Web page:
Unfortunately, much of the time in these retirement plan workshops over the last year has been spent talking about what self-employed commissioners do and how, well into their 70s, they’re glad to still be working. I think that’s fantastic, but it’s not for everyone and it’s not for county employees.
We have employees who have worked for the county for 40+ years and are only working because the retirement plans from the current structure are unpredictable. They don’t know how much they’ll get on a monthly basis, how long it will last, and if it’ll all be gone in a stock market plummet.
Employing them is not only, in some instances, a risk, it’s also costly to the health benefits plan and the pay scale. In a tangential expense, it costs taxpayers more for recruitment because the county spends a lot of time searching for new people. When employees near the bottom of the totem pole don’t have a ton of upward ascension opportunities, they leave…after we have trained them and invested in them, of course.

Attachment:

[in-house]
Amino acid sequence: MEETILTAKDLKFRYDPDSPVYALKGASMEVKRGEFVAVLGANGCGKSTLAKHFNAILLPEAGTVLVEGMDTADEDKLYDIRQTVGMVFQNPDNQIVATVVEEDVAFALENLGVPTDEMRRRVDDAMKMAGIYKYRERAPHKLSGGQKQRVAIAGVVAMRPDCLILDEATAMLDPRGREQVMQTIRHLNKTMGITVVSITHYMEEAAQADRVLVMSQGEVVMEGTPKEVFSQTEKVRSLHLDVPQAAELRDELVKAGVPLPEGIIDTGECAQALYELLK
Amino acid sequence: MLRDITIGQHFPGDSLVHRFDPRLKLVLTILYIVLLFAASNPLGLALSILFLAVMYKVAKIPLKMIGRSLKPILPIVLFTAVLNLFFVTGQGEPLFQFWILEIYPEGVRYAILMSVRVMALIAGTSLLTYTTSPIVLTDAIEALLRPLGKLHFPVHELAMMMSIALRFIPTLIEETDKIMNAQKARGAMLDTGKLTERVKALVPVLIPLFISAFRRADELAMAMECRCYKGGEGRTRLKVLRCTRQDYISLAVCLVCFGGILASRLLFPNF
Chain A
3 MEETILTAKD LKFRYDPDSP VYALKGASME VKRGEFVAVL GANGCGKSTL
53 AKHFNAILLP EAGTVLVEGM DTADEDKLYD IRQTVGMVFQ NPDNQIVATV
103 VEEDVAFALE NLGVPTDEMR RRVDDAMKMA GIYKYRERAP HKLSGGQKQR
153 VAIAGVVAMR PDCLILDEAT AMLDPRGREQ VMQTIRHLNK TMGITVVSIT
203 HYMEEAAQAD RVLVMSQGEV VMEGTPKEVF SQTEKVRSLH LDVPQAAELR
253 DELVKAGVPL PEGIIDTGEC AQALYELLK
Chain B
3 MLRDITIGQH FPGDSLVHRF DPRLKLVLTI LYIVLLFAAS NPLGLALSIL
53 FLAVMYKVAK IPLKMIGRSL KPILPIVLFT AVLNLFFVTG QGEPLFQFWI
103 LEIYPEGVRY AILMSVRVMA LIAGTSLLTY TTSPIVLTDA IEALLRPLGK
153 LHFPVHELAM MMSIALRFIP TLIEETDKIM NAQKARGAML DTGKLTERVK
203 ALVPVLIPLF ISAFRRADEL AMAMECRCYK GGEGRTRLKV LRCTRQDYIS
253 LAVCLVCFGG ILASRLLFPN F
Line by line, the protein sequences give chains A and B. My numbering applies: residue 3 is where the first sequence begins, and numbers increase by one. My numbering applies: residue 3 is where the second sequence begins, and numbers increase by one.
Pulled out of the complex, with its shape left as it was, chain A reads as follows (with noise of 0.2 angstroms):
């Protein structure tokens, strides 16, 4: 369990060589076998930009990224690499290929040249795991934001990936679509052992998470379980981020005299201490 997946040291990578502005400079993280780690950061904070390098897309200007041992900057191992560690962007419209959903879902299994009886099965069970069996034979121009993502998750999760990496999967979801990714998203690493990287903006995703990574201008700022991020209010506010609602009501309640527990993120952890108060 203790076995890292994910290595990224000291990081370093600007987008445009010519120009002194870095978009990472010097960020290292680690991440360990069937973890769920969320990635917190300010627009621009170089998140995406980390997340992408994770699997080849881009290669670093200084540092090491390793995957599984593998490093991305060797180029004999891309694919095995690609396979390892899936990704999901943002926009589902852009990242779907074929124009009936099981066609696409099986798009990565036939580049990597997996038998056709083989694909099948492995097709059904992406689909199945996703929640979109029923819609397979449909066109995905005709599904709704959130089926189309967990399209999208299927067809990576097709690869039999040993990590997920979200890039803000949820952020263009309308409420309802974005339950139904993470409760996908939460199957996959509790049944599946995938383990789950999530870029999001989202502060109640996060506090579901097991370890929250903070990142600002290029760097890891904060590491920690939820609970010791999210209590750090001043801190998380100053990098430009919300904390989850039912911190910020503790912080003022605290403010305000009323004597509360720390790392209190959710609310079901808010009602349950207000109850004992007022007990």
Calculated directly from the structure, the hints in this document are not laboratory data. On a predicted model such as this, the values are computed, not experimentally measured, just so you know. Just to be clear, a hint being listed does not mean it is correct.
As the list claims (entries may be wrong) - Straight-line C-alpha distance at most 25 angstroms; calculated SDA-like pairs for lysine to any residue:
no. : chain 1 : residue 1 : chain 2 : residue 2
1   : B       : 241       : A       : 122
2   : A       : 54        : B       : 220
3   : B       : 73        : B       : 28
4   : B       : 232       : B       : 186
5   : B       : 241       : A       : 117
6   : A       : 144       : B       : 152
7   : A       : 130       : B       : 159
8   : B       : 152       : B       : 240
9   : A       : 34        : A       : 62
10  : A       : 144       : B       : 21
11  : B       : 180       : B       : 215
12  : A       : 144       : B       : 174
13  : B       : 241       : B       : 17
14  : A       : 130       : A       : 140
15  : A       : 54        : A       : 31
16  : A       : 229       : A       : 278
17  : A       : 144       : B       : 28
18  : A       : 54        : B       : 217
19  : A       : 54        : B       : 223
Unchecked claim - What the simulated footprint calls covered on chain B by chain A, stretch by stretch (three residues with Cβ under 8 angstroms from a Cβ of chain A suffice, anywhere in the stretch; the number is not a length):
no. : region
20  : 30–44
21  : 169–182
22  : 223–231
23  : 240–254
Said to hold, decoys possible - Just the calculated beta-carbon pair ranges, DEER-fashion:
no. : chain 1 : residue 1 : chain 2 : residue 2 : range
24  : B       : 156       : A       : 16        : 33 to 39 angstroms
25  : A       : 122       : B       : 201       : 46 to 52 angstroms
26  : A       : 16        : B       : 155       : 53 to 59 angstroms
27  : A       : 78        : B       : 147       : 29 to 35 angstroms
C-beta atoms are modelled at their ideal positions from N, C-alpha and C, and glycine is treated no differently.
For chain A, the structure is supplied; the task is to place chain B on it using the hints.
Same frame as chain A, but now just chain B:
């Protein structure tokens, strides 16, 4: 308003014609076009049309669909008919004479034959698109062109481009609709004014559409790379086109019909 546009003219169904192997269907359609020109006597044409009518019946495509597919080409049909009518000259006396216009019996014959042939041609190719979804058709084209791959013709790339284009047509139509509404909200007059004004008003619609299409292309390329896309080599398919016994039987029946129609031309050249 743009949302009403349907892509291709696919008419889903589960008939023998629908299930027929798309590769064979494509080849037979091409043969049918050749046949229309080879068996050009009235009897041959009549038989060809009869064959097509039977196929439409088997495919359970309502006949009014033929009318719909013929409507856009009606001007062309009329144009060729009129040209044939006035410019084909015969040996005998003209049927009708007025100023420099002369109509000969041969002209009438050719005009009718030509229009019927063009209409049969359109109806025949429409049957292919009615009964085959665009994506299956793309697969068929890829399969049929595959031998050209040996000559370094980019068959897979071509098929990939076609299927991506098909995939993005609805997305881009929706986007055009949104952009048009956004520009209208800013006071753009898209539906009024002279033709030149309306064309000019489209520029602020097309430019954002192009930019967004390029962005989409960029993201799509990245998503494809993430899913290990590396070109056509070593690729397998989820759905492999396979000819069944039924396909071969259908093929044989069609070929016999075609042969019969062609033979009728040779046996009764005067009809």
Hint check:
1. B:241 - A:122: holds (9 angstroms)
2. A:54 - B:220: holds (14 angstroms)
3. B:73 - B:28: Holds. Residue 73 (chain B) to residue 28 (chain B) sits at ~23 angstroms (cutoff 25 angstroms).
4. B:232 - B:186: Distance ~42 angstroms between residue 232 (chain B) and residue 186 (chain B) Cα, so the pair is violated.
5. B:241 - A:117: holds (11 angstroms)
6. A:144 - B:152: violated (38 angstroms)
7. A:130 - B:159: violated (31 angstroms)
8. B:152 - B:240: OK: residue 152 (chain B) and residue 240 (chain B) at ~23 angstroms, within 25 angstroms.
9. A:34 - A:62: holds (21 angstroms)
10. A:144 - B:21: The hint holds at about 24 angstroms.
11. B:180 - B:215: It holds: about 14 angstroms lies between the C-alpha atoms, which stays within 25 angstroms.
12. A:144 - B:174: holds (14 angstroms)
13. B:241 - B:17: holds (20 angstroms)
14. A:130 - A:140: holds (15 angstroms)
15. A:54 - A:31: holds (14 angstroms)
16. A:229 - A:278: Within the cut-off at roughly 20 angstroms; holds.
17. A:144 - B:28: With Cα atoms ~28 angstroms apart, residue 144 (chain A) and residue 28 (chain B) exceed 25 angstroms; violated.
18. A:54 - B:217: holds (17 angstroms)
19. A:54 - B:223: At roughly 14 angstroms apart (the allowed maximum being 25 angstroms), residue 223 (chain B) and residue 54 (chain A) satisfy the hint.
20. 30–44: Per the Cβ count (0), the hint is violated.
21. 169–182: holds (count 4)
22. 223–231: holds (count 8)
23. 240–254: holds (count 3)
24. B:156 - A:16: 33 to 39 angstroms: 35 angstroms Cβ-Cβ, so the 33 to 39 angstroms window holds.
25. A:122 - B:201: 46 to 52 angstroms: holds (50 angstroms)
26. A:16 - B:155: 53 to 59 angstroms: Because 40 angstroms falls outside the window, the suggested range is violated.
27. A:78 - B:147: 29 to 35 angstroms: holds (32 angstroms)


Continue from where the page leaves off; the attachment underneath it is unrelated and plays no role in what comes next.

The issue is cyclical and perpetual because when people can’t afford to retire, there is no turnover.
And if your answer is ‘Well, they should simply plan better and put more of their salaries away for retirement,’ nice try. But they can’t. Our starting deputy pay is in the ballpark of $5.00 less PER HOUR than some of our neighboring counties and agencies. (That’s on commissioners, not the Sheriff, by the way.) We have a plethora of minimum wage-level jobs in the county and pay studies show we are pretty great at paying less than other public sector agencies and the private sectors.
But other surveys show people are willing to earn a little less for a higher return on the backend – like great health insurance benefits and a predictable, sustainable retirement package. Bulloch County offers neither.